June 2, 2017
MS Society of Canada continues collaboration with the Centre for Drug Research and Development as new translational project on progressive MS is launched
The MS Society of Canada and Centre for Drug Research and Development (CDRD) are excited to collaborate again to support a translational research project that could lead to the development of disease-modifying therapies for people living with progressive MS. Following a peer review process by experts in MS and translational research, Dr. Philippe Séguéla from the Montreal Neurological Institute has been selected to work with CDRD to further develop his progressive MS translational project focused on blocking specific ion channels in the brain. The MS Society has committed $120,100 for this work, which has been made possible through the generous support of Women Against Multiple Sclerosis (WAMS) and the funds raised through their annual Gala.
Dr. Phillipe Séguéla’s Project:
Cells in the brain called neurons communicate with each other through electrical or chemical signals. Some of these signals occur through the movement of small molecules (ions) between neurons. On the surfaces of the neurons are channels that transport the ions in and out of the cell. A group of the channels called the acid-sensing ion channels (ASICs) have been shown to contribute to neurodegeneration in MS. Researchers have identified an increased presence of ASICs in brain lesions, and have shown that blocking their function is neuroprotective in animals that mimic MS disease.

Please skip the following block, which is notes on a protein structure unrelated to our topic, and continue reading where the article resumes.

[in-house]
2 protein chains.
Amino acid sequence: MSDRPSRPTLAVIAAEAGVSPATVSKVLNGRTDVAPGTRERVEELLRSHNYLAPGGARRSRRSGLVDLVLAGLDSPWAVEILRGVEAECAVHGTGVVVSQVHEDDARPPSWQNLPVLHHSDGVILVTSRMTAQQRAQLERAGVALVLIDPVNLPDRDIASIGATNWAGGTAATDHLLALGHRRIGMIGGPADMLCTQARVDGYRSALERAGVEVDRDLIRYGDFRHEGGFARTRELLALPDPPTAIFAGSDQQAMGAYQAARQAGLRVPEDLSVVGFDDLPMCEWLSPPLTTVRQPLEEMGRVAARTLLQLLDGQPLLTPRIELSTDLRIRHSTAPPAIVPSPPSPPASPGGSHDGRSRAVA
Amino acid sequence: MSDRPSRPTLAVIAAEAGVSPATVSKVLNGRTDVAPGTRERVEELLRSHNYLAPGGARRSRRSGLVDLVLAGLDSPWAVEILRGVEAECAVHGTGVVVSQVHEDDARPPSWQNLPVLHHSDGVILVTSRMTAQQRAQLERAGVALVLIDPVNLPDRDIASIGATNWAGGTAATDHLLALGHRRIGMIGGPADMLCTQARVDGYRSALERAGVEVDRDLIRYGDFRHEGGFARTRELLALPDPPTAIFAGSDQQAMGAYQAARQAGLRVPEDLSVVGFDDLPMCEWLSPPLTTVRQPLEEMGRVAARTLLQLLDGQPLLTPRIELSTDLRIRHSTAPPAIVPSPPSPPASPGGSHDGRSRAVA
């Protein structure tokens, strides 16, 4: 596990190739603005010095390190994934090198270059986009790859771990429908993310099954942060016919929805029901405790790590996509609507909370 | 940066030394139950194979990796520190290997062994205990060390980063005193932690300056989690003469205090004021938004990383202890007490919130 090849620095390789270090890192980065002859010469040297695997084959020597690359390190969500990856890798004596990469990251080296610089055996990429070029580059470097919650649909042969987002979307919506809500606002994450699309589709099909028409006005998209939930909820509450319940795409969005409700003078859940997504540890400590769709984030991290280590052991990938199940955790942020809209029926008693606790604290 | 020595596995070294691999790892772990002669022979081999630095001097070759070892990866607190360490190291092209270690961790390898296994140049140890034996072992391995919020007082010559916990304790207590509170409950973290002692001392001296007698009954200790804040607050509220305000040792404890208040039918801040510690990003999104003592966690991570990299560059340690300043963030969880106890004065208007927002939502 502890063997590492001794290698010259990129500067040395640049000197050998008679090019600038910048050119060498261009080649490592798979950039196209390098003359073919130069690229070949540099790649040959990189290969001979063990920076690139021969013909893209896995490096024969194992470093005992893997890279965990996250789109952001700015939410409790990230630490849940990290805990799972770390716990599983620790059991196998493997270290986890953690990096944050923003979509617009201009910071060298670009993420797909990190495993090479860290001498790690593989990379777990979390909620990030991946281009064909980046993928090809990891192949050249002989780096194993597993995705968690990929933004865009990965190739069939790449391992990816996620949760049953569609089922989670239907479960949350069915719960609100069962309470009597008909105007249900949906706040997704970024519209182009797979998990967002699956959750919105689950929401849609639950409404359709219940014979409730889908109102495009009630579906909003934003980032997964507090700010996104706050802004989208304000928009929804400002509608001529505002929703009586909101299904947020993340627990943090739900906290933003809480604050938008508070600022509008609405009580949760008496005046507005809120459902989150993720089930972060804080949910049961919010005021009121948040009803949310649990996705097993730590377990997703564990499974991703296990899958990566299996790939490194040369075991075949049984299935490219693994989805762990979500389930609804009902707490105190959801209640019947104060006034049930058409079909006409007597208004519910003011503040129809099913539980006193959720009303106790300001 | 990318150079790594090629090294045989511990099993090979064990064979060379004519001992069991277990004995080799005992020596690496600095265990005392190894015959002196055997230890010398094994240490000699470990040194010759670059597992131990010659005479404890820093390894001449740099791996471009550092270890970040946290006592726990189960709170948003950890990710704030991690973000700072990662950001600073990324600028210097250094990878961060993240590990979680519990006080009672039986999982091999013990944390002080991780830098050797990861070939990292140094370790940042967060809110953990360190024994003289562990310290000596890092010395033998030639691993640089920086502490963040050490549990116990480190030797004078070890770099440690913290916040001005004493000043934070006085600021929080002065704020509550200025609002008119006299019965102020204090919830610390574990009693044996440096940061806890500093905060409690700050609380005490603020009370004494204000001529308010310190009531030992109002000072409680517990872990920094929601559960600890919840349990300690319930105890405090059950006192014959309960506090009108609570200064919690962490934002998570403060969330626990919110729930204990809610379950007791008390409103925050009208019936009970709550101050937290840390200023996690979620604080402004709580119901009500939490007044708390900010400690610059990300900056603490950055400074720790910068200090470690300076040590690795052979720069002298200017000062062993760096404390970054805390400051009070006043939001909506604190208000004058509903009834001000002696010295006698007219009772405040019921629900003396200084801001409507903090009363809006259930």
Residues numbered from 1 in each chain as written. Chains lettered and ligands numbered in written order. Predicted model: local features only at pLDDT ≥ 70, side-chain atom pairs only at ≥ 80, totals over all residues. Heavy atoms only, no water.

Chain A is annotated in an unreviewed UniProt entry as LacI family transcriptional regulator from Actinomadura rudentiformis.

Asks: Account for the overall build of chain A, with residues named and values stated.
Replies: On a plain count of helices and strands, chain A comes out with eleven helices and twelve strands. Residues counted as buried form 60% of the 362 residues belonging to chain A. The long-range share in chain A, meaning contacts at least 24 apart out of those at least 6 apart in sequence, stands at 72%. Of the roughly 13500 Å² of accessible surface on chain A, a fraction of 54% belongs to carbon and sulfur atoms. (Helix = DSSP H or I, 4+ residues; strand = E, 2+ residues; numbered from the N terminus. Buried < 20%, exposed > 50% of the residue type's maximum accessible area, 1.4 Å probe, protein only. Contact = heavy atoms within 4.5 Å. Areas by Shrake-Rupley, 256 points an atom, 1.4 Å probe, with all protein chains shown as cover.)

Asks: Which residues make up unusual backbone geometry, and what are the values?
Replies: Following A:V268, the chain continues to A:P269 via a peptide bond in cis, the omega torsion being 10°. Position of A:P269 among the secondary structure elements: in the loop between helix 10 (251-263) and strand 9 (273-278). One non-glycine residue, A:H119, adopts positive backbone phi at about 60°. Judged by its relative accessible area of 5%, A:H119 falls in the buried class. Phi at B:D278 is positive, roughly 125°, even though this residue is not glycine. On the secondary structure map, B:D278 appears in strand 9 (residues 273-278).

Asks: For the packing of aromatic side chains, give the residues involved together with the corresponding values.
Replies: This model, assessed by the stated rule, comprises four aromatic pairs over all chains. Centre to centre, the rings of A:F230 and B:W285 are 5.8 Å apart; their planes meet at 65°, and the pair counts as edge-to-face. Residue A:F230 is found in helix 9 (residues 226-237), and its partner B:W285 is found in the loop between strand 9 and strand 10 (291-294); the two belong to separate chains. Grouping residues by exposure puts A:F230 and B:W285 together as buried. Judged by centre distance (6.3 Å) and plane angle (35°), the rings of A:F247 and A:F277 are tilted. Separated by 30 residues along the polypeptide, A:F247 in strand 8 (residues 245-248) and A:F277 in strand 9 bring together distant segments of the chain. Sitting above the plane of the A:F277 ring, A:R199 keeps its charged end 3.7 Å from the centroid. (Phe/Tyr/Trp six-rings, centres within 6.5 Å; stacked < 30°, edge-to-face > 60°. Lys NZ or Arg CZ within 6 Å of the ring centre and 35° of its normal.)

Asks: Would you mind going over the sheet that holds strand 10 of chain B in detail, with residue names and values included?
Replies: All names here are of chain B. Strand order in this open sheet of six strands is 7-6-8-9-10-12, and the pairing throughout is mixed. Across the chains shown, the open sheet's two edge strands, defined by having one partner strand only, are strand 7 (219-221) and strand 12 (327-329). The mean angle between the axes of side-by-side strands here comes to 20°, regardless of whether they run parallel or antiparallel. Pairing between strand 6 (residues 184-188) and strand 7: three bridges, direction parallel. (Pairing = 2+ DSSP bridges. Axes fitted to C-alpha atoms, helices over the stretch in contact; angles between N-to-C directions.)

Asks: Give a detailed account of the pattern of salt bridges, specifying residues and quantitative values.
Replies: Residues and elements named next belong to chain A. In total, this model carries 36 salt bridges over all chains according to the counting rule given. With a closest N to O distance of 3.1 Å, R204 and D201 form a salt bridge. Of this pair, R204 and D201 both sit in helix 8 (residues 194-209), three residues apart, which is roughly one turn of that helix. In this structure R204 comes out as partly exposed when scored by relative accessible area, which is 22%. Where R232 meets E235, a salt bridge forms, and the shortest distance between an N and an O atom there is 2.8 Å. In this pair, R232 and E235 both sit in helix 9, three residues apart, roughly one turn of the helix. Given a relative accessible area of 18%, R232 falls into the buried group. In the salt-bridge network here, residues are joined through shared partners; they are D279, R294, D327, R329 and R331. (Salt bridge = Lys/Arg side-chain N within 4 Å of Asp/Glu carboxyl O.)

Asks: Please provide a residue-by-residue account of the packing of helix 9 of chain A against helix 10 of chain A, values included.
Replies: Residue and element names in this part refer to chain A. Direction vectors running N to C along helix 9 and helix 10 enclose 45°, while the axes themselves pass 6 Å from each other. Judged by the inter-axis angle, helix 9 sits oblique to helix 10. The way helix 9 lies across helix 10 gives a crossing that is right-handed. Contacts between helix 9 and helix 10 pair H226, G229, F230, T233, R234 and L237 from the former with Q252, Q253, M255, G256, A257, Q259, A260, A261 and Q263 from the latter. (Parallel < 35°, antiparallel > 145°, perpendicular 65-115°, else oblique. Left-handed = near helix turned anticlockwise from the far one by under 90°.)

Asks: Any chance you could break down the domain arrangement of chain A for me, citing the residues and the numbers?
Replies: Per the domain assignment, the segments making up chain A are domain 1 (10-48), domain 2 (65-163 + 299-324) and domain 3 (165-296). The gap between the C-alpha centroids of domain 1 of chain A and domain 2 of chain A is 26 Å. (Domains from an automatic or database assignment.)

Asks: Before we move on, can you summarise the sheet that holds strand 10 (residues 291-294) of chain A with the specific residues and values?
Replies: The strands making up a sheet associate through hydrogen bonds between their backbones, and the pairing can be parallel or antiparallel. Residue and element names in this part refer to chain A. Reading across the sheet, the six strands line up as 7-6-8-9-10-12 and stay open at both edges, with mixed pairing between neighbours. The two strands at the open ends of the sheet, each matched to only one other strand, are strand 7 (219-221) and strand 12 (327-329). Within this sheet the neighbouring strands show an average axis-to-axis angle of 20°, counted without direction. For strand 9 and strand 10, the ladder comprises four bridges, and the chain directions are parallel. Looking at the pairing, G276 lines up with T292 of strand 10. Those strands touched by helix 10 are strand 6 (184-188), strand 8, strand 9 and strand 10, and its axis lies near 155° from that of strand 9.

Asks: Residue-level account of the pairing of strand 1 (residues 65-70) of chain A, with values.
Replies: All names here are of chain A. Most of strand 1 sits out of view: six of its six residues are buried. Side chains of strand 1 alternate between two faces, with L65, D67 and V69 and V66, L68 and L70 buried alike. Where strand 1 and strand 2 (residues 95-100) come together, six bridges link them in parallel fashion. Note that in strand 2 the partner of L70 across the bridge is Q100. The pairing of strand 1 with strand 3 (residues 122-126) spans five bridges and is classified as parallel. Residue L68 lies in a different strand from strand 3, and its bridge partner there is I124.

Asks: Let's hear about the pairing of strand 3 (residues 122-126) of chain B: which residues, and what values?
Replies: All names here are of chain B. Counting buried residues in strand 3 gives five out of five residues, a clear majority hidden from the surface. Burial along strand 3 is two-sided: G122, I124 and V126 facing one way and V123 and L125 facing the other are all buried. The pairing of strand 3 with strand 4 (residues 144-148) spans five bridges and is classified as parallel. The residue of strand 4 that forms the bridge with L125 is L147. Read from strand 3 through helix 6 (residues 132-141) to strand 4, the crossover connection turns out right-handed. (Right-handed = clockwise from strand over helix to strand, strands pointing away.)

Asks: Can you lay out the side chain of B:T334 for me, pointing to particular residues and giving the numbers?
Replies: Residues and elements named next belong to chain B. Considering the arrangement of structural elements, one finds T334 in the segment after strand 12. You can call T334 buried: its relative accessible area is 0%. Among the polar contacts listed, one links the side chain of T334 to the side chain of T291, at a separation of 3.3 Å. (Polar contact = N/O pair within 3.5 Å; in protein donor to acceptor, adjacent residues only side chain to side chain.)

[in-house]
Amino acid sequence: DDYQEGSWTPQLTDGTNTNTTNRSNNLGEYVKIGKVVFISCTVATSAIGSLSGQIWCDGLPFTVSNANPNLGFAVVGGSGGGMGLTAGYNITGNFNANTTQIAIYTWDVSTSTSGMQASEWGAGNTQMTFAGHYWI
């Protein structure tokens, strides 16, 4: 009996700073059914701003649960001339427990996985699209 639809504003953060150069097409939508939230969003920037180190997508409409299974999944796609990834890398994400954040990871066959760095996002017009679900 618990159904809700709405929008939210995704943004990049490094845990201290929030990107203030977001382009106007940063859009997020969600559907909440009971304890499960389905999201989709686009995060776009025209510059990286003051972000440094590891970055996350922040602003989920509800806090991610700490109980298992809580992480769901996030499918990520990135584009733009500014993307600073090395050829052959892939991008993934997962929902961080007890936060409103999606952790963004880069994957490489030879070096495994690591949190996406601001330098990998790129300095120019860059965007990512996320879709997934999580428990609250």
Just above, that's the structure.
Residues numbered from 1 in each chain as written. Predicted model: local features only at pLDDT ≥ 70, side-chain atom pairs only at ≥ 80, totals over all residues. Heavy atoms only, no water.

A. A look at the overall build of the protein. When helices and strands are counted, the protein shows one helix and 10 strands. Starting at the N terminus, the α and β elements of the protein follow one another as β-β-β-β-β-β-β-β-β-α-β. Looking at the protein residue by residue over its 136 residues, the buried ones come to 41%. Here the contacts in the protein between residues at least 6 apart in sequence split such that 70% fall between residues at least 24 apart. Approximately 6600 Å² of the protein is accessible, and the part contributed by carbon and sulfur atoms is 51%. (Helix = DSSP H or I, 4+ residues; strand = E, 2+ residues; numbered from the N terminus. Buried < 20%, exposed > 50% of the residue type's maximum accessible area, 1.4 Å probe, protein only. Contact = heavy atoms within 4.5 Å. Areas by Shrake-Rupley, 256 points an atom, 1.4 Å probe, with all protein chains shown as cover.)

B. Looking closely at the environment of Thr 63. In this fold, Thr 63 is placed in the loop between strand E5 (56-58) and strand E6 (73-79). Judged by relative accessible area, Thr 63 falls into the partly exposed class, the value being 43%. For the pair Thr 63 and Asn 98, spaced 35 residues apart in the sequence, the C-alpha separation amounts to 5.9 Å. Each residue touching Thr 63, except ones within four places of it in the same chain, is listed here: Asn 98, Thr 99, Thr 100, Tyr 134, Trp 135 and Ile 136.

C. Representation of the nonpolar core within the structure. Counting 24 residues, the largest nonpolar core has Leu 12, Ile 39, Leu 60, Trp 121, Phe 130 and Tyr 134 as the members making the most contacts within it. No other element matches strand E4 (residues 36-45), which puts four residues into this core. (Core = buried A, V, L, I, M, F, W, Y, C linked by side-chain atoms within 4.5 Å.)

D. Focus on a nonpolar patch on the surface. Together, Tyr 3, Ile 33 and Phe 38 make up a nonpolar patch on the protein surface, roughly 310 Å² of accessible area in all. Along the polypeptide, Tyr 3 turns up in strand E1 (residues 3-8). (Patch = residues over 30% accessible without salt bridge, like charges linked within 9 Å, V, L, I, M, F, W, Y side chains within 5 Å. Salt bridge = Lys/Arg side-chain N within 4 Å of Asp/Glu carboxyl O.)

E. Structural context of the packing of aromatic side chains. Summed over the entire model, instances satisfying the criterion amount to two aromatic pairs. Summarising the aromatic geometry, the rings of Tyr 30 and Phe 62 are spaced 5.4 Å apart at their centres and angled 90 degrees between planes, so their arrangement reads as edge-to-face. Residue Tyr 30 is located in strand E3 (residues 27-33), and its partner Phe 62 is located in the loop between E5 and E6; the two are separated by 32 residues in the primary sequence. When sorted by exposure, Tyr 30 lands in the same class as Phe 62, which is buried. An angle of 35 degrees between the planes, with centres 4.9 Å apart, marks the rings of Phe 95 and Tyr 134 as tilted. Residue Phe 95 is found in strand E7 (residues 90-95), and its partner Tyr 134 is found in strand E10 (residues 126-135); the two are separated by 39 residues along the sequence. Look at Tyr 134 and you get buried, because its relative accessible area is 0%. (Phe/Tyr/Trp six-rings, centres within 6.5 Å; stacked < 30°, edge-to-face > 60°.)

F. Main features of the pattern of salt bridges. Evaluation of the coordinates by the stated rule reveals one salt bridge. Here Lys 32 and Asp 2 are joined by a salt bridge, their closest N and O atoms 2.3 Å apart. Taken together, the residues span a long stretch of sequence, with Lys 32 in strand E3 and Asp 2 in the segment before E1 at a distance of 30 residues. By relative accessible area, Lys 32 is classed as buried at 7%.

With the help of experts at CDRD, Dr. Séguéla’s research team propose to identify compounds that inhibit ASICs and hence can limit neurodegeneration in progressive MS. To complete this objective, CDRD will screen thousands of small molecules using cells that contain the ion channels of interest, to determine if any of them are able to block the channel (the cells have been previously developed by Dr. Séguéla). Dr. Séguéla’s lab will then confirm through various experiments that the molecules are indeed able to block the function of ASICs, and then will improve the potency of the molecules in an effort to make them effective drugs.
Based on these findings, future work will involve testing the molecules in animal models of MS-like disease with the ultimate goal of establishing promising therapeutic candidates for progressive MS.
While there are 13 disease-modifying therapies approved in Canada for relapsing-remitting MS, there is an unmet need to establish therapeutics for progressive MS. The partnership between the MS Society and CDRD is critical to advancing research from the laboratory to the clinic. By harnessing CDRD’s industry-grade drug development and commercialization infrastructure, Dr. Séguéla is poised to bridge the gap between discovery research and clinical trials.